One of the basic results that followed in the Fonctions Analytiques is part of what is Known today as the fundamental theorem of calculus. This is how Lagrange put the theorem in his own words:

If is positive from x=a to x=b, for b>a, then f(b)-f(a) is positive. [Fonctions Analytiques in Oeuvres de Lagrange vol.9 p.78].

He started proving it by considering the formula f(x+i)=f(x)+iP, where P is a function of x and i and is defined as follows:

. As Lagrange said,since when i=0, , means that P(x,i) must be positive from i=0 up to a certain value of i which can be taken as small as desired. [Oeuvres de Lagrange vol.9 p.79]. We see here that Lagrange's definition of a derivative is very similar to ours. So now, since we know that is always positive, we can choose a positive small value for i such that f(x+i)-f(x) is positive. Then we divide the interval (which we would write [a,b]) into n+1 parts, each of length i, so that . By what we said before, we find that f(a+i)-f(a) is positive, f(a+2i)-f(a+i) is positive, ......f(a+(n+1)i)-f(a+ni) is positive, by setting successively x=a,a+i,....,a+ni, as long as the derivatives are positive for k=0,1,...n. So we see that the sum [f(a+(n+1)i)-f(a+ni)]+......+[f(a+2i)-f(a+i)]+[f(a+i)-f(a)] will be positive also. But this sum is f(b)-f(a). So, he proved that f(b)-f(a) is positive.

As I mentioned earlier, this theorem is considered to be a part of what we call nowadays fundamental theorem of calculus, although we usually find it stated and proved in a different way. One way that we find it stated is as follows: If f is integrable on [a,b] and f(x)>o for all x in [a,b], then . [Anton p. 373].

As for the proof, I am not going to go into too many details but the idea in general is that since f is a nonnegative continuous function on [a,b], then the graph y=f(x) does not cross over the x-axis, so it is evident intuitively that the net signed area between y=f(x) and the x-axis must be greater than or equal to zero.

We can see that Lagrange did not mention anything about integration, areas under curves or continuity. However, it seems that he had continuity in mind when he equated P(x,i) to when i=0.

In admiration to all of Lagrange's achievements, it would be proper to end this paper with an incident from Lagrange's life. Lagrange, in one of the later years of his life, imagined that he had overcome the difficulty of the parallel axiom. He went so far as to write a paper, which he took with him to the Institute, and began to read it. But in the first paragraph something struck him which he had not observed. He muttered:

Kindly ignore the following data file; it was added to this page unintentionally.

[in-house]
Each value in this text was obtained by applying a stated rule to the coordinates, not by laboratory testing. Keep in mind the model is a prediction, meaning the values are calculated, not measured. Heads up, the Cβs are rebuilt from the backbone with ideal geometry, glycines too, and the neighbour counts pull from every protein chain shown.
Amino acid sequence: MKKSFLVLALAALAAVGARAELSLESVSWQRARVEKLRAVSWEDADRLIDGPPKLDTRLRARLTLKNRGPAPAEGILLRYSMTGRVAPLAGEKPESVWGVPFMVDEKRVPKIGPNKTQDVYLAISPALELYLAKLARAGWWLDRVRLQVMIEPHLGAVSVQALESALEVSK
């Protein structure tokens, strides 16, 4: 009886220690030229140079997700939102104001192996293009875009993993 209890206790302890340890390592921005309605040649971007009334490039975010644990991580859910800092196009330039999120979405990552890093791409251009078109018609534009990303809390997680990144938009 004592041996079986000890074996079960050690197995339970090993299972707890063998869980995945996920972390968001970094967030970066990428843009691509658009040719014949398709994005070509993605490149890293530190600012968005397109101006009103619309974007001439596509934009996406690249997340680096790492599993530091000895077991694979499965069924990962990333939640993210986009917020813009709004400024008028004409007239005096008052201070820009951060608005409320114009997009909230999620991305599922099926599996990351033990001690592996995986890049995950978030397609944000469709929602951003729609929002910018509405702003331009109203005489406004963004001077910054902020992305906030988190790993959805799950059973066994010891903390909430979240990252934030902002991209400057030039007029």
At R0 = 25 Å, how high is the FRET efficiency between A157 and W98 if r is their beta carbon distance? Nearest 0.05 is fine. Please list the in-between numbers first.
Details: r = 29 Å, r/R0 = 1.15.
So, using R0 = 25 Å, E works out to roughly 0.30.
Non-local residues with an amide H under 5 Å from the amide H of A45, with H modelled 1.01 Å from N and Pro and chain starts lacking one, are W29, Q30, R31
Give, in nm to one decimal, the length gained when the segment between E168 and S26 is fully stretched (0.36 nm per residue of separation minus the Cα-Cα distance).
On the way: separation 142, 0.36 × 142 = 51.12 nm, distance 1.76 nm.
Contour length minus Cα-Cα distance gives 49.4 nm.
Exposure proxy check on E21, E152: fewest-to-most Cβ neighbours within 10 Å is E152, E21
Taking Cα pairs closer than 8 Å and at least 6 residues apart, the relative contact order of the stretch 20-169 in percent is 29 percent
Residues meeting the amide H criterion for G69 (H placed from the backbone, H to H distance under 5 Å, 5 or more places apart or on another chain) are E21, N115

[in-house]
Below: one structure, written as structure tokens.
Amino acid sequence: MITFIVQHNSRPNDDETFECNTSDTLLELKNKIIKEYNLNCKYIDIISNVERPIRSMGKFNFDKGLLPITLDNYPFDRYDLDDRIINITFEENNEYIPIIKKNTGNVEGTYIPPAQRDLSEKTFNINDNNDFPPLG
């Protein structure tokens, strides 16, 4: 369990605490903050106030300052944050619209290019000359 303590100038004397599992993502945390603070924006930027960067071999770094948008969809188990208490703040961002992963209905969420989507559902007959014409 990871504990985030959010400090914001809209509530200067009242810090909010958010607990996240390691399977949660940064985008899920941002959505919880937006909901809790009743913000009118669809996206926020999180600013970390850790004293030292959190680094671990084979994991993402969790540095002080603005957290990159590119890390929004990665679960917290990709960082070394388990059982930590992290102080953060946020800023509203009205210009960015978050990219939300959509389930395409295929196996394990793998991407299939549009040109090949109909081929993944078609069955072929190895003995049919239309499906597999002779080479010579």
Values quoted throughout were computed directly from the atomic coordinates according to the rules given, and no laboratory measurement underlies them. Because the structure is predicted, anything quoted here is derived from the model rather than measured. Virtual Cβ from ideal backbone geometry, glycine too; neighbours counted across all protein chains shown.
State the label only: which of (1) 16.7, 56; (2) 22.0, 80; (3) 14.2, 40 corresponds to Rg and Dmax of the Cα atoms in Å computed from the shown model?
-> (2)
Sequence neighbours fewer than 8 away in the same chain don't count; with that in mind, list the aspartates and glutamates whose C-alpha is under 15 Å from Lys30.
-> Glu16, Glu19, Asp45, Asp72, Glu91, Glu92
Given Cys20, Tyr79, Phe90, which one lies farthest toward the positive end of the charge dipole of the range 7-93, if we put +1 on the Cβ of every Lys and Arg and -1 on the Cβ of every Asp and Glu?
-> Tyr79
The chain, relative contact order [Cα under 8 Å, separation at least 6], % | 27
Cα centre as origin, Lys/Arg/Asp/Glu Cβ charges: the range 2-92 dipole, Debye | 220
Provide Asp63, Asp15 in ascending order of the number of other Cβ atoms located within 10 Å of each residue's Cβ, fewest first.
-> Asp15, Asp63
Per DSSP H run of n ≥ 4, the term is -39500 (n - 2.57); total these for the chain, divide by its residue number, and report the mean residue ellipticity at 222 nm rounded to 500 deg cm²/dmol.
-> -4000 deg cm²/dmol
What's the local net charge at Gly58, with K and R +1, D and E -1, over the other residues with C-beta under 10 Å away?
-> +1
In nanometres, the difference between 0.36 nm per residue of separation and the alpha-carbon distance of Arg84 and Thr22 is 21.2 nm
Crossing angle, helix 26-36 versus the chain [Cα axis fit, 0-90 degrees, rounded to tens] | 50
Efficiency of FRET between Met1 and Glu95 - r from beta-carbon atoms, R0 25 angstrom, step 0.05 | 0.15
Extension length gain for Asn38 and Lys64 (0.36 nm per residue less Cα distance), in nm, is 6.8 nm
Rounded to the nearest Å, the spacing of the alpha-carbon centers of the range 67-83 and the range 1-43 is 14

Il faut que j'y songe encore.
And he put the paper in his pocket.


  1. Lagrange, Mecanique Analytique, Desaint, Paris, 1788.
  2. Lagrange, Theorie de Fonctions Analytiques, Imprimerie de la Republique, Paris, 1797.
  3. Lagrange, Lettres Inedites de Joseph-Louis Lagrange a Leonard Euler, B. Boncompagni, St. Petesburg, 1877.
  4. Lagrange, Lectures on Elementary Mathematics, The Open Court Publishing Company, Chicago, 1898, (translated by Thomas J. Mccormack).
  5. Lagrange, Oeuvres de Lagrange, Volumes III, IX, X and XI, Publiees par les Soins de M.J.-A.Serret, Paris: Gauthier-Villars, 1867-1892. The content is as follows:
    • Volume III: Material Printed in the publications of the Berlin Academy.
    • Volume IX: Theorie des Fonctions Analytiques (reprinted from second edition, 1813).
    • Volume X: Lecons Sur le Calcul des Fonctions (reprinted from second edition, 1806).
    • Volume XI: M<ecanique Analytique (reprinted from second edition, 1811-1815).
  6. Grabiner, The Calculus as ALgebra, J.-L. Lagrange, 1736-1813, Garland Publishing, Inc., New york and London, 1990.
  7. Katz, A History of Mathematics: An Introduction, Addison-Wesley, United States, 1998.
  8. Anton, Calculus with Analytic Geometry, John Wiley and Sons, New York, 1992.
  9. Gillipsie, Dictionary of Scientific Biography, Charles Scribner's Sons, New York, 1980.